Stan Royle, former Manchester Evening News picture editor, has died aged 78 in Stranraer, peacefully at home. He had suffered a heart attack three years ago and was revived by paramedics.
Stanley Ashton Royle was born in Chorlton Cum Hardy on 25 July, 1927, and started in newspapers with the Kemsley Press in York in 1950, moving swiftly to the York Evening Press, where he met Rene and married in 1953.
A sign of fun times ahead, the wedding car had ‘Aisle Change Hymn’
strung to the bumper.
Always looking for a challenge, Stan joined the Parachute Regiment for a stint, gaining his Red Beret and wings and establishing that he had no fear of heights — or anything else for that matter. This gift gave him inspiration for one of his award-winning pictures, entitled "High Tea".
Taken hundreds of feet up on a girder on the building of the CIS in Manchester, the picture is of workmen having a brew, and it won Stan the Encyclopaedia Britannica Award for 1961.
In 1956 Stan had moved from York, where he and Rene had shared, as he often recalled, "the best of times", to become photographer for the Manchester Evening News. He was great friends with Manchester United’s Duncan Edwards and other "Busby Babes", working on coverage of the Munich air disaster. He also became friends with George Best.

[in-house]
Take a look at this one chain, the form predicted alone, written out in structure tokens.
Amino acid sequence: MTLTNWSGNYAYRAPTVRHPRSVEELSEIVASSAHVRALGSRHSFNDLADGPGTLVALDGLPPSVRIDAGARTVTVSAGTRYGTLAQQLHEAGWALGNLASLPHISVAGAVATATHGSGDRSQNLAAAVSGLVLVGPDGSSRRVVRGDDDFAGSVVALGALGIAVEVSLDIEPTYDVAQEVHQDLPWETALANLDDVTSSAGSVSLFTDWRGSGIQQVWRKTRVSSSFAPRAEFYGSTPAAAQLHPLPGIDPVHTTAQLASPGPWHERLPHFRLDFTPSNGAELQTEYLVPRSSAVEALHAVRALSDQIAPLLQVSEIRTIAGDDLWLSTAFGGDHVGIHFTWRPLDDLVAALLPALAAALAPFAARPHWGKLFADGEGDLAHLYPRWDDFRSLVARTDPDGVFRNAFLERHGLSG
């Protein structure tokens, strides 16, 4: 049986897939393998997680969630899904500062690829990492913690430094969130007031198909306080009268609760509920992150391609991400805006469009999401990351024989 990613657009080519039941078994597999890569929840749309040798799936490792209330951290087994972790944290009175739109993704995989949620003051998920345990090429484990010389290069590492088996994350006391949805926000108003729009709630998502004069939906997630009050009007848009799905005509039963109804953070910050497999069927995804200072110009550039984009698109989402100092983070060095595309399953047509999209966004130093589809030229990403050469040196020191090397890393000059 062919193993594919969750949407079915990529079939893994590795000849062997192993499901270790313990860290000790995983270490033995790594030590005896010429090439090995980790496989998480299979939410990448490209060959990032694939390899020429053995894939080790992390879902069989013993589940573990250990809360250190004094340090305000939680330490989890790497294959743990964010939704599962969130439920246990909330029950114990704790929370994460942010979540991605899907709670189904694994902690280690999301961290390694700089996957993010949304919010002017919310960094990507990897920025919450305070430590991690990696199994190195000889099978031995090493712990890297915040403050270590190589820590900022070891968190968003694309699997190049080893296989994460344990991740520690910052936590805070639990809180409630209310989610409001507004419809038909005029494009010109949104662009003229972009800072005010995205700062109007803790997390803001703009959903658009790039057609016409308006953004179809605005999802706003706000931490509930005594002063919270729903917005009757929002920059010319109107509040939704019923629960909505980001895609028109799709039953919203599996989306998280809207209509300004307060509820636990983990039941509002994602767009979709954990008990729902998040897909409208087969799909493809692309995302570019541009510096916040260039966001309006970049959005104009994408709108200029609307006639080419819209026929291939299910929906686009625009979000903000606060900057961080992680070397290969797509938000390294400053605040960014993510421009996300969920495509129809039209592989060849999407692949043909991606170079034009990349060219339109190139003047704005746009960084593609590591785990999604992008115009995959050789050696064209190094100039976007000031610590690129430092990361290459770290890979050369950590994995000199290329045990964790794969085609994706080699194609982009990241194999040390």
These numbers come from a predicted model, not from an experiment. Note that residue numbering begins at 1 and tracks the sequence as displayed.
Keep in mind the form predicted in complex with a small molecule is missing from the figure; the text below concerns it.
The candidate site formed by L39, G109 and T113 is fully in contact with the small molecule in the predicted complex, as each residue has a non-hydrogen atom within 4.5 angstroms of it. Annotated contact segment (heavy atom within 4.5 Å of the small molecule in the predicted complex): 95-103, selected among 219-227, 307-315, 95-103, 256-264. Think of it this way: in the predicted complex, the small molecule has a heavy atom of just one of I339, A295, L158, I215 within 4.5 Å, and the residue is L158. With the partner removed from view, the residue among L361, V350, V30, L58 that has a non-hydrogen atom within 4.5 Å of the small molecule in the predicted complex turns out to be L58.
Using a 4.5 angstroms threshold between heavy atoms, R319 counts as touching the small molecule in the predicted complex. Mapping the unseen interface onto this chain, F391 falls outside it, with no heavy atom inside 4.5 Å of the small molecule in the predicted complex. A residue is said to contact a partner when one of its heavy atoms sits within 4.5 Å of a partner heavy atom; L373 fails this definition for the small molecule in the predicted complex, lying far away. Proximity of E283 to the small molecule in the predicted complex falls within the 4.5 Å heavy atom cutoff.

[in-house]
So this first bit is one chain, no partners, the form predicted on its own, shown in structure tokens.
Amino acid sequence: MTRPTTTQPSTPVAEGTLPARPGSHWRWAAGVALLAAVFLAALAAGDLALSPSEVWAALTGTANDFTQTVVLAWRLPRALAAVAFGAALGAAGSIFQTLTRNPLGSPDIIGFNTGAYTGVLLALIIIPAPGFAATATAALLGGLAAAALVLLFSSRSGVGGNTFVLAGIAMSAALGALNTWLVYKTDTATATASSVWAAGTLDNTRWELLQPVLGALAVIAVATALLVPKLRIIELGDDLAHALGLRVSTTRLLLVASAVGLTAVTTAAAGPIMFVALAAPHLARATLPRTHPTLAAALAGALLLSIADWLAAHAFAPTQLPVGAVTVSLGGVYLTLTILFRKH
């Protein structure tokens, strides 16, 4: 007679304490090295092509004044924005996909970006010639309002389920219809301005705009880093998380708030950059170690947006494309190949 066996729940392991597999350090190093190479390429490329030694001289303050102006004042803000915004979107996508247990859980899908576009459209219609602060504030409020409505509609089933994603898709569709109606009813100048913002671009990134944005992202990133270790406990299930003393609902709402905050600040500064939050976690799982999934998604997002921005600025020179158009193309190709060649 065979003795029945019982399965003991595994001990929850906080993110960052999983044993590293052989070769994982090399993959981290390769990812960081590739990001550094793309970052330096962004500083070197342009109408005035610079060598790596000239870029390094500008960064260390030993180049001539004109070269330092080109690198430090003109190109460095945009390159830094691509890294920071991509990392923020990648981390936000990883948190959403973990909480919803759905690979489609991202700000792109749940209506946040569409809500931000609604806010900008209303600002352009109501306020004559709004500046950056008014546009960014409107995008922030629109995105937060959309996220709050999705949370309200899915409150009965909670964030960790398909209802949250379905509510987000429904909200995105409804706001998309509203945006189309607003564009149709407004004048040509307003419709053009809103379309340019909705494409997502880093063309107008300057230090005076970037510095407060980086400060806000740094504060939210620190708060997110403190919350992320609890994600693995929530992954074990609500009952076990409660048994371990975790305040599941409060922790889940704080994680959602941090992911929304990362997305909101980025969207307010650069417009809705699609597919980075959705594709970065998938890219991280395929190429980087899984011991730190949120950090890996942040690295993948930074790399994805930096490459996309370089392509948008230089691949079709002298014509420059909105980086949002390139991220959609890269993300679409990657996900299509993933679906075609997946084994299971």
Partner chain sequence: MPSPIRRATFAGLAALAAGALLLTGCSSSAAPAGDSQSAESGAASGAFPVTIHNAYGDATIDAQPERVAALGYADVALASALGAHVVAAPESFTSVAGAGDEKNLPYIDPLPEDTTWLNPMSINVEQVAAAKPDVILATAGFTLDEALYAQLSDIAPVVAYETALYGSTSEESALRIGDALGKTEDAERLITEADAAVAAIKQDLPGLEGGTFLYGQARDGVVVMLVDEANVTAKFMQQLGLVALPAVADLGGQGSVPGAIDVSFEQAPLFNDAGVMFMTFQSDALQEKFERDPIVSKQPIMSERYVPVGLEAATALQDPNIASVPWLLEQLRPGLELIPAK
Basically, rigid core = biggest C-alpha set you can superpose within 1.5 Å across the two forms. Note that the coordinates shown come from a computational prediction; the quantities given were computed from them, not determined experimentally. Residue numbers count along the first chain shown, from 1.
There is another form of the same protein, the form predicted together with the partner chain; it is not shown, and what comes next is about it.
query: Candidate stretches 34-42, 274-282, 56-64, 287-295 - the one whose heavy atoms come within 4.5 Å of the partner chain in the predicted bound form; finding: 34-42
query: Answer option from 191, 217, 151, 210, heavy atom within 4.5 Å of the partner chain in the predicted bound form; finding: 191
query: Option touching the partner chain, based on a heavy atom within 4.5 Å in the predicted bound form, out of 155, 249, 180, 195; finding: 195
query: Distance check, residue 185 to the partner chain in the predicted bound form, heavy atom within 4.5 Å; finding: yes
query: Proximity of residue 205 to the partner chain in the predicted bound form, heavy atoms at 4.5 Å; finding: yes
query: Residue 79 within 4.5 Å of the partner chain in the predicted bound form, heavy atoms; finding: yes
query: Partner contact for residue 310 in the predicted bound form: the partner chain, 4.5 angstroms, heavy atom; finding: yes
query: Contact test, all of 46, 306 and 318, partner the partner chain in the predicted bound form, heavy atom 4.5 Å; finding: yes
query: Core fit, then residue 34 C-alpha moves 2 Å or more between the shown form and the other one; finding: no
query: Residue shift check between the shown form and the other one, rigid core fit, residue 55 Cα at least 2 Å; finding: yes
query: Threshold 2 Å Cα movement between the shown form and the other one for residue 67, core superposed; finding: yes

Among other high-profile stories, Stan worked on the Saddleworth Moors murders (he snatched one of the first pictures of Ian Brady), the Aberfan landslide disaster, the Apollo 12 launch, the Yorkshire Ripper case, and he travelled to Borneo and met tribes out in Sarawak. A list of his photojournalism would fill a book.
Stan, who became picture editor in 1981, had a great circle of friends in the media. These included Ken Tucker, Peter Pittilla, Bill Batchelor, Clive Cooksey, Geoff Webster, Eamonn McCabe, Donovan, Don McCullin, Denis Thorpe, Denis Husse and Andrew Stenning, who in 1986 Stan recommended to stay on Saddleworth Moor for 99 days waiting for the return of Ian Brady. Sure enough, it happened and Stenning won news photographer of the year.
Stan’s picture editing got the splash of the plane going down the runway in flames in the 1985 Manchester air disaster — which was shown on ITV and around the world.
He worked on other major picture jobs such as the Moss Side riots, the Strangeways riots, the Piper Alpha disaster and Lockerbie.
Stan leaves wife Rene, sons Carl and Clifford and daughter Karen.